The year Dan Burke took between his undergraduate work at Notre Dame and law school to volunteer with the Glenmary Home Missioners in the mountains of Eastern Kentucky was the year that changed his life.
He stayed on a mostly wooded property called Glenmary Farm in Vanceburg, east of Maysville on the Ohio River. Normally, the farm drew student volunteers from across the country. The year Dan was there, he was it. His job was to go into the community and be the face of Glenmary. One day, he’d help build low-income housing; the next, he’d visit a nursing home or volunteer at a facility for people with mental disabilities.
It was a world away from where he grew up in Hyde Park. He remembers being astounded and shocked at how people lived in the hollers surrounding Vanceburg and the hinterlands of Lewis County. Despite the grinding poverty of Appalachia, Dan says, the people who lived there gave him more than he gave them.
“I mark much of the person I am now back to that experience in my faith journey. That’s where I really met God for the first time personally. That year taught me the importance of meeting people where they are, not judging from appearances. I learned, too, that you forget about yourself when you’re serving others.”
One man in particular sticks in his memory, a woodcarver in his 80s named Noah. At first blush, Dan says, his work seemed dull and primitive. Then he learned Noah’s work had been exhibited at the Smithsonian. Dan talks about visiting Noah and others like them. He’d sit and talk for an hour, then get up to leave. And they’d ask why the big hurry. Dan says he learned from Noah and others like him the value of being present in the moment, not worrying about what might come next or what someone might think about the way they lived or their surroundings.
He translates that year to his approach to the law this way: “I hope I bring compassion to my practice. I find lots of opportunities for compassion in my area, which is human resources and employment law. I try to bring together people to resolve issues, conflicts and problems. I like to bring things together, to bring harmony out of disharmony.”
Dan has a heart for forgotten people. He’s been board chairman of the Drop Inn Center in Over-the-Rhine and board member of Otterbein Homes, an Ohio-based continuing care retirement community. He tells a story about a pro bono case he handled for a homeless man living in a broken-down car in Mt. Adams. One day, the man returned to the car to find the city had towed it and had it crushed, along with all his worldly possessions.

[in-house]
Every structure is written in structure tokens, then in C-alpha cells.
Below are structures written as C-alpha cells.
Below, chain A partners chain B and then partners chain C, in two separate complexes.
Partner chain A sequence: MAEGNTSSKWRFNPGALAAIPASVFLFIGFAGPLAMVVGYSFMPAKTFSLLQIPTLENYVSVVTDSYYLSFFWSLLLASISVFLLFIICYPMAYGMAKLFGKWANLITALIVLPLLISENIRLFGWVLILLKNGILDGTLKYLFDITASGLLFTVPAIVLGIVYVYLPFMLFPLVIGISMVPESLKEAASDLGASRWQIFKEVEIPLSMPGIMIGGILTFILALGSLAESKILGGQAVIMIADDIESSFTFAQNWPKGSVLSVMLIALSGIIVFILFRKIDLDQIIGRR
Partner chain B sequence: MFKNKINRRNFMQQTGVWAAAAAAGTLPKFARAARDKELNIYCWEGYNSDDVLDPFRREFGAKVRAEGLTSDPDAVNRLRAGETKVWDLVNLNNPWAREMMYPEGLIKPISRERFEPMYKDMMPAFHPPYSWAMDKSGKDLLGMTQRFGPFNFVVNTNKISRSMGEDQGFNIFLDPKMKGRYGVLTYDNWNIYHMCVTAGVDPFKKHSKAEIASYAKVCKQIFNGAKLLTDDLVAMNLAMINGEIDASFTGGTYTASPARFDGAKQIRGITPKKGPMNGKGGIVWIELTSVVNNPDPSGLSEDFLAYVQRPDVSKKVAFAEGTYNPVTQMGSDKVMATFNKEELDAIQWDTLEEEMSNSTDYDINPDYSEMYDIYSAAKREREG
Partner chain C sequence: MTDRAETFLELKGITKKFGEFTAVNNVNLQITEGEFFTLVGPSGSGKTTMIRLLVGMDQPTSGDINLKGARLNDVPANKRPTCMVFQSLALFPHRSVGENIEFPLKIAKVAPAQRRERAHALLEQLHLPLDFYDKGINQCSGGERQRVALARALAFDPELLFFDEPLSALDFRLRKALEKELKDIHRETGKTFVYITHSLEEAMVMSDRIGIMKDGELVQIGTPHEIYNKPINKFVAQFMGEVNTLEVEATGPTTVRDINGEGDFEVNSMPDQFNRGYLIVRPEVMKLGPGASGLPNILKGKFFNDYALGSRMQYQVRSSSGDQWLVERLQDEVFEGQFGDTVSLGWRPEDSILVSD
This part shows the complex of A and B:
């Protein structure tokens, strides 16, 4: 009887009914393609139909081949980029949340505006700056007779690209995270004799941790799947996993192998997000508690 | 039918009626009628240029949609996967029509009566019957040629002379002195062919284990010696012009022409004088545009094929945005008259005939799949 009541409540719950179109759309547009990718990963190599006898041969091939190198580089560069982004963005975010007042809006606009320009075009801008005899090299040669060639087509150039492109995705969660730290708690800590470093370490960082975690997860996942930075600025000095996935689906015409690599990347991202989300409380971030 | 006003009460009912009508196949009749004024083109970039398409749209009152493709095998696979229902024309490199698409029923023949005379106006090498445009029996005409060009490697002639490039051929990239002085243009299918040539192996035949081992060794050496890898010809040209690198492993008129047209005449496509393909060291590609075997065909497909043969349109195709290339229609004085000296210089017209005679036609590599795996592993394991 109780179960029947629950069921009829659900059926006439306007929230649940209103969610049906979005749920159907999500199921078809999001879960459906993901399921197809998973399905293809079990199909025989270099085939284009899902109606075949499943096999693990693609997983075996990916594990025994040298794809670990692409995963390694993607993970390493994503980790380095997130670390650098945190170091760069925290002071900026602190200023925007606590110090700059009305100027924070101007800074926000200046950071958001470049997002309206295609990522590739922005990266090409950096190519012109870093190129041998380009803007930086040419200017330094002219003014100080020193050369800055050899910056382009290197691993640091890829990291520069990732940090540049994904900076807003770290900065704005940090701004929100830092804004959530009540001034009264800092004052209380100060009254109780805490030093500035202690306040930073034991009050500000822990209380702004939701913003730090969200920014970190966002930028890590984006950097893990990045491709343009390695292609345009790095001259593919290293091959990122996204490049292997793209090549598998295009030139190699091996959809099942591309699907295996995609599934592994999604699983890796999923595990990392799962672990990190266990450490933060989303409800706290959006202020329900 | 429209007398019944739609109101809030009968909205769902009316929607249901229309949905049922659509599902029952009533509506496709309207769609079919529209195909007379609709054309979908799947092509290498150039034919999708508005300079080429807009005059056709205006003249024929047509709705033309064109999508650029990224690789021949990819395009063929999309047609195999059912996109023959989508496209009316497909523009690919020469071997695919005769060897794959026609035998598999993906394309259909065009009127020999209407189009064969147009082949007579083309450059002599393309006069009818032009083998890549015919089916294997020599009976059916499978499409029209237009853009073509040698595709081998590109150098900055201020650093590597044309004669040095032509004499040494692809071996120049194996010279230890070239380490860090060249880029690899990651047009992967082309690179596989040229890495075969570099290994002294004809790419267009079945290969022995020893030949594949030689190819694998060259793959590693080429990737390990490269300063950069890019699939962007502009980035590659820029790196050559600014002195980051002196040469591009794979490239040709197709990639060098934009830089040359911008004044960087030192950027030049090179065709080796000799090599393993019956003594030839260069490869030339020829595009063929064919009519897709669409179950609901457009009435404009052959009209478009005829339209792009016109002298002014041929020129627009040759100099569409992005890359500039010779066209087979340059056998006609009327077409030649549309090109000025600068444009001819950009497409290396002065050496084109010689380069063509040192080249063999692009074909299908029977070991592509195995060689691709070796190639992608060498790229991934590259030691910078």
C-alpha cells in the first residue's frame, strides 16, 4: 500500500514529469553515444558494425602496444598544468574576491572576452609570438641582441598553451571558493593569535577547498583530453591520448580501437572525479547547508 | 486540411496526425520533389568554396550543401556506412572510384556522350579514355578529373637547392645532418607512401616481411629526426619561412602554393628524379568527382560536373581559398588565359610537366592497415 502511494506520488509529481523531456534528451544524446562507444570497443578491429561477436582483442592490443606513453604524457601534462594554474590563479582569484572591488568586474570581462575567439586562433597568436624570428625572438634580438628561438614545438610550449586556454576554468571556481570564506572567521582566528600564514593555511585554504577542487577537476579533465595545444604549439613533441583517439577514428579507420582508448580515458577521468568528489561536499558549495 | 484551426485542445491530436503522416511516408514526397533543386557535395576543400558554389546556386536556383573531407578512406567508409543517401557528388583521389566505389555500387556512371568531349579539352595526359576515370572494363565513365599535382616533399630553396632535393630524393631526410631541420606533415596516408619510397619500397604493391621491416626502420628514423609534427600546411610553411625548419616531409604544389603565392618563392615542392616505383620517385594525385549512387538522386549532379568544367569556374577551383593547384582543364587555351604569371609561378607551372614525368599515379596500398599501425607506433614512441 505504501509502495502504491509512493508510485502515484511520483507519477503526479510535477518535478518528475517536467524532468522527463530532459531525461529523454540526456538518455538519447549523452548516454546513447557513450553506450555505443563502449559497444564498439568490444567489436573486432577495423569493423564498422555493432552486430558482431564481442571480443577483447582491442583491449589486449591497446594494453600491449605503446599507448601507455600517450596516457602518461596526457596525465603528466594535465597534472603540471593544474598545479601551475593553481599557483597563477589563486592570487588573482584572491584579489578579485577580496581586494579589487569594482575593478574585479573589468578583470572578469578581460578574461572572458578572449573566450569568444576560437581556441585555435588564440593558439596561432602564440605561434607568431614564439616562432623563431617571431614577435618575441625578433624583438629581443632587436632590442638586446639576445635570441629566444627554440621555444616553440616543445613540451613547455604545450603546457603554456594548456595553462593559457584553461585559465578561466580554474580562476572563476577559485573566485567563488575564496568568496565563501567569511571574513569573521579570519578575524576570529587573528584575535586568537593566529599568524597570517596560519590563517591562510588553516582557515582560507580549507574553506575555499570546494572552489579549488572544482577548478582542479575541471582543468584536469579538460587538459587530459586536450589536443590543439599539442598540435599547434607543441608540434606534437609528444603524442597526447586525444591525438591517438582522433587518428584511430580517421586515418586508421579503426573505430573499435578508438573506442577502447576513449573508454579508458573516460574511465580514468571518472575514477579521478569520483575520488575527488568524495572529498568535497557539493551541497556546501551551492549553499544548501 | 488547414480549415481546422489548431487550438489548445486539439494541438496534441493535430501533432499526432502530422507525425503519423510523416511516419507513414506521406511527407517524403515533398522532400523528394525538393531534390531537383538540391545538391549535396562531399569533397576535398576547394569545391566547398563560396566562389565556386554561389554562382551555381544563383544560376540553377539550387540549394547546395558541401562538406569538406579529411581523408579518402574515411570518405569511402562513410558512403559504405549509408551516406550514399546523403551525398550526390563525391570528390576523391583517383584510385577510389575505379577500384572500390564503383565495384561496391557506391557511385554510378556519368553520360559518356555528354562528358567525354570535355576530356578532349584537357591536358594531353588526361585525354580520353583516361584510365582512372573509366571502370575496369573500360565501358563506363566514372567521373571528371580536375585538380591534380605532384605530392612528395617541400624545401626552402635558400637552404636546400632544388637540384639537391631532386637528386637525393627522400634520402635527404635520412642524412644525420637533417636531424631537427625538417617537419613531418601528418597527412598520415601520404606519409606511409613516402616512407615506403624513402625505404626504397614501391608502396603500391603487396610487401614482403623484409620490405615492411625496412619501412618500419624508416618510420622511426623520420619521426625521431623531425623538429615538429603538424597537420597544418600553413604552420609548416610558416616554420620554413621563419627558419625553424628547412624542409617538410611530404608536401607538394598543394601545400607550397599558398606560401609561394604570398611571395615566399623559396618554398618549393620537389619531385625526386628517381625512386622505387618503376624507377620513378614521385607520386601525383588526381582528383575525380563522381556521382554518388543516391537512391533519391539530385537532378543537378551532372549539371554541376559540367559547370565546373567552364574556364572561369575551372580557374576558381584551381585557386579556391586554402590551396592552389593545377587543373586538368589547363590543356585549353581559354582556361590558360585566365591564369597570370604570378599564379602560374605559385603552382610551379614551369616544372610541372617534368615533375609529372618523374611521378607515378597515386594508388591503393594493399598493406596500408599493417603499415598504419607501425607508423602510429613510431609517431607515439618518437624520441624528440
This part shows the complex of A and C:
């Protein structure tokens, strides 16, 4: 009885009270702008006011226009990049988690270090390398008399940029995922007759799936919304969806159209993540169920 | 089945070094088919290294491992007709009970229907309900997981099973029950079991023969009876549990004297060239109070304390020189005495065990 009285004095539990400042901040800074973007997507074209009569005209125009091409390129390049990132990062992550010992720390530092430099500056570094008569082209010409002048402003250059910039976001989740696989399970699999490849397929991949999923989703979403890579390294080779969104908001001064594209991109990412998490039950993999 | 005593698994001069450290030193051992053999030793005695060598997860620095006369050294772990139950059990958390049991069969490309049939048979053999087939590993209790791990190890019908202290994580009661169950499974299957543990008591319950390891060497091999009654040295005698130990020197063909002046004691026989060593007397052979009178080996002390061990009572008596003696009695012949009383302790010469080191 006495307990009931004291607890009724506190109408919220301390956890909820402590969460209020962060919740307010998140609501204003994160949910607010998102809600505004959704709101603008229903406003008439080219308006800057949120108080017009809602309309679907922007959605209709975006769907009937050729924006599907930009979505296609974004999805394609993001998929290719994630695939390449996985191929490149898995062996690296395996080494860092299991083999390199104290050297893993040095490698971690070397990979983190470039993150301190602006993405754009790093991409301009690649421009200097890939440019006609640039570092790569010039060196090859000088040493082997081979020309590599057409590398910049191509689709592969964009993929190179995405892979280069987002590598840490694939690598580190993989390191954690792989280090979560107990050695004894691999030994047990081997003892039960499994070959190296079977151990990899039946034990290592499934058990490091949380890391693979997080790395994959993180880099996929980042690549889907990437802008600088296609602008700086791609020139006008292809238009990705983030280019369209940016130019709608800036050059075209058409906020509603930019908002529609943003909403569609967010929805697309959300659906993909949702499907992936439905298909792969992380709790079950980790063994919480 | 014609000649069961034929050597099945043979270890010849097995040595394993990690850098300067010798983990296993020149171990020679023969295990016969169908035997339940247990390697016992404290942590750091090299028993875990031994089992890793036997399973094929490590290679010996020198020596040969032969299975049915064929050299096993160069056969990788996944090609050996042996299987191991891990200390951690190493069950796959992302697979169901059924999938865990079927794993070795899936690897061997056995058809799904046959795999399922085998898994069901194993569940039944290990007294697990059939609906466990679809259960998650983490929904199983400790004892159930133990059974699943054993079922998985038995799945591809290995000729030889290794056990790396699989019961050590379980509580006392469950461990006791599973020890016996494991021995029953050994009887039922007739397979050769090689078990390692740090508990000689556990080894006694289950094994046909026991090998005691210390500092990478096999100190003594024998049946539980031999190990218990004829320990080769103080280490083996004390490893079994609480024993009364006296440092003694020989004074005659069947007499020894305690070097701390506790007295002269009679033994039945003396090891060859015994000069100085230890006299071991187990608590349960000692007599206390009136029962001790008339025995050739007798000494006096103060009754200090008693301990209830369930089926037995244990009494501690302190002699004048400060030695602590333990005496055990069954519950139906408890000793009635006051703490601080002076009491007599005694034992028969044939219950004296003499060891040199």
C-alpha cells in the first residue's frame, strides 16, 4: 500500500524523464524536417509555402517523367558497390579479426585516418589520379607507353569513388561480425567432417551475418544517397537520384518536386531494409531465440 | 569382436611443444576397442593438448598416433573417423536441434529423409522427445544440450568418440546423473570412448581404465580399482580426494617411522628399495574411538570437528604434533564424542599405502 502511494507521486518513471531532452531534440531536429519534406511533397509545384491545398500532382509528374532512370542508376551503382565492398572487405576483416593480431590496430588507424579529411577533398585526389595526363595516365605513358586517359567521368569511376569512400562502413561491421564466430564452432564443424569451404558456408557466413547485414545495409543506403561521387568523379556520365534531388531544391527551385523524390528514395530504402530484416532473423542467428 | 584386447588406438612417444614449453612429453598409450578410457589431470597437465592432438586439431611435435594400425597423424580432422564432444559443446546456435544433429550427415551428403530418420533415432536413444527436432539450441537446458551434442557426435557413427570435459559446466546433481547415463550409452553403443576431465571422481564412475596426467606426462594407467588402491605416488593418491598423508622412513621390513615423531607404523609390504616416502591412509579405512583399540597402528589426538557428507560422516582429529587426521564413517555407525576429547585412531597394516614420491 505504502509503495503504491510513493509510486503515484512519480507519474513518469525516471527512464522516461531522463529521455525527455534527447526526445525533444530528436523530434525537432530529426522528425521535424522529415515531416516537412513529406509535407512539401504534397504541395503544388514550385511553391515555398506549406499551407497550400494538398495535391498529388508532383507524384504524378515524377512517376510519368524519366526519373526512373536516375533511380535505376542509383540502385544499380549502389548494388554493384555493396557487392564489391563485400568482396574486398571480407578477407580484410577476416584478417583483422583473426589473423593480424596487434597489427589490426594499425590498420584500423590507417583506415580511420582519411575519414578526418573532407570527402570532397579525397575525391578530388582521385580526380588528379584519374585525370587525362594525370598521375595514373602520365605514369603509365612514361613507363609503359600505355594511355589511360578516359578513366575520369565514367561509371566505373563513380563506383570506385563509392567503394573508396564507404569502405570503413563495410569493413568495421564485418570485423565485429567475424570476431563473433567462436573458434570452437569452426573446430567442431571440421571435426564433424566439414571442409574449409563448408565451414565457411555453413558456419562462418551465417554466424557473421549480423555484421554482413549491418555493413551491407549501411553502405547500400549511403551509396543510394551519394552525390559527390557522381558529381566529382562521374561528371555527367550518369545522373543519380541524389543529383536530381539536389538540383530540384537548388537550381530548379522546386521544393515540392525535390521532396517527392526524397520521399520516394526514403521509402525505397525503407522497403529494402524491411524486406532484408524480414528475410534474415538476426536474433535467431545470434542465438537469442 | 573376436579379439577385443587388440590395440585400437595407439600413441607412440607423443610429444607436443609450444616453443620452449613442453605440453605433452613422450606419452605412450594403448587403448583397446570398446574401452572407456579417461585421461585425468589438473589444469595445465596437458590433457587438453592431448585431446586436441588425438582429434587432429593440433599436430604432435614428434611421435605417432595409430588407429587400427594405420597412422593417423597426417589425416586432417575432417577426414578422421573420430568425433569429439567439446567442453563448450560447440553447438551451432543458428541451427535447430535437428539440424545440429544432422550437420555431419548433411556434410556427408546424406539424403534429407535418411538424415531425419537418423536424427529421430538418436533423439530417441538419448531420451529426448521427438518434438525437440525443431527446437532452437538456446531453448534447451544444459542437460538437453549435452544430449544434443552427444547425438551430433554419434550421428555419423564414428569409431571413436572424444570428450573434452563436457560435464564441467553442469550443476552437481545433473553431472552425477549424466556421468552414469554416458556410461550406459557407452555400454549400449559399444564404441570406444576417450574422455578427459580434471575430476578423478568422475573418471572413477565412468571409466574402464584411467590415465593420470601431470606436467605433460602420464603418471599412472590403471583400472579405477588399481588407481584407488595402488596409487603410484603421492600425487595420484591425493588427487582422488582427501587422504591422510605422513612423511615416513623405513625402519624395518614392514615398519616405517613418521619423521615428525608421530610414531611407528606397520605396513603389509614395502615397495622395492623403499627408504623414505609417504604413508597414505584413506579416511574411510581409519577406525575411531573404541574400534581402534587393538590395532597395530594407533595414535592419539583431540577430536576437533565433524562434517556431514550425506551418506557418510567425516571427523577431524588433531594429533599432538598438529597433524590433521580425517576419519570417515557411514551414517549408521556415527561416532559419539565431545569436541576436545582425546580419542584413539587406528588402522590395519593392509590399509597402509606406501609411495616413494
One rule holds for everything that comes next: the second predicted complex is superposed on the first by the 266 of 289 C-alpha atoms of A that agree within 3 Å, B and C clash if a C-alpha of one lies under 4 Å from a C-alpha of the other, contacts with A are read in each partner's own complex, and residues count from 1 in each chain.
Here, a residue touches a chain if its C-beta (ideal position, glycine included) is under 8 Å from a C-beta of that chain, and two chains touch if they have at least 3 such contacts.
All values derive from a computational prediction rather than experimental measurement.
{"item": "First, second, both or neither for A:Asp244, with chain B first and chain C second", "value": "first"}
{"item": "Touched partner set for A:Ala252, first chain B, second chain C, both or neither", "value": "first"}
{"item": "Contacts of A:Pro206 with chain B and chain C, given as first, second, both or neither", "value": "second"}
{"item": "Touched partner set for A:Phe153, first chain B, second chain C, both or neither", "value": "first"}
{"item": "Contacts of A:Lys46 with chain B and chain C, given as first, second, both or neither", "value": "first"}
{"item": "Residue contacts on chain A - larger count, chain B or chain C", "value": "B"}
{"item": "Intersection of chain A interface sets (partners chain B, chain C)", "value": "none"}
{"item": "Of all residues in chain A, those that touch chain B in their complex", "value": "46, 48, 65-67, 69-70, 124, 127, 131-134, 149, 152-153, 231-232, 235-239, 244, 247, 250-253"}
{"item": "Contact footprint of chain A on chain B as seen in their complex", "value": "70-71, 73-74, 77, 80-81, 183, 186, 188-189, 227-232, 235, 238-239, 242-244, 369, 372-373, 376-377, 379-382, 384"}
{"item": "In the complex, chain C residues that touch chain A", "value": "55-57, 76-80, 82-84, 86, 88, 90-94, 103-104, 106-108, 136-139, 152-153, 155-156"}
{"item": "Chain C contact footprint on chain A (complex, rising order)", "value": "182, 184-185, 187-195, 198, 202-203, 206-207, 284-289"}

Dan represented him for two years. He says the guy was disheveled but articulate. It was as if something somewhere along the line had snapped. Ultimately, Dan won a judgment for a few thousand dollars. After that, Dan never saw him again.
“But I felt like I’d done something really right. I got him some money, yeah, but more than that, I gave him the experience of having someone meet him where he was, accepting him for who he was and standing up for him.
Dan is a seasoned employment law professional. He represents and counsels clients on a wide variety of employment, education, senior care, and workplace health and safety issues. Dan has represented clients before state and federal agencies, including the Equal Employment Opportunity Commission, Ohio Civil Rights Commission, Ohio Bureau of Workers' Compensation, Industrial Commission of Ohio, and the Occupational Safety & Health Administration, as well as federal and state trial and appellate courts.
Dan has been chosen by his peers as an Ohio Super Lawyer from 2004-2018 in the areas of Employment & Labor, Workers' Compensation and Health Care. Additionally, based on the grading and comments of his peers, Dan is recognized with an AV Rating, the highest rating given to lawyers by Martindale-Hubbell. He has also been named Lawyer of the Year for his work in Workers’ Compensation Law-Employers in 2013; Best Lawyers in America from 2007-2016 for his work in Employment Law-Management, Labor Law-Management, and Workers’ Compensation Law-Employers; and a Cincinnati Leading Lawyer in 2013. When asked what he enjoys most about his job, Dan replied, “Listening to clients’ stories and helping them solve their problems.”
Dan and his wife, Anne, reside in Mt. Lookout and have three children -- Shannon, Will, and Sean.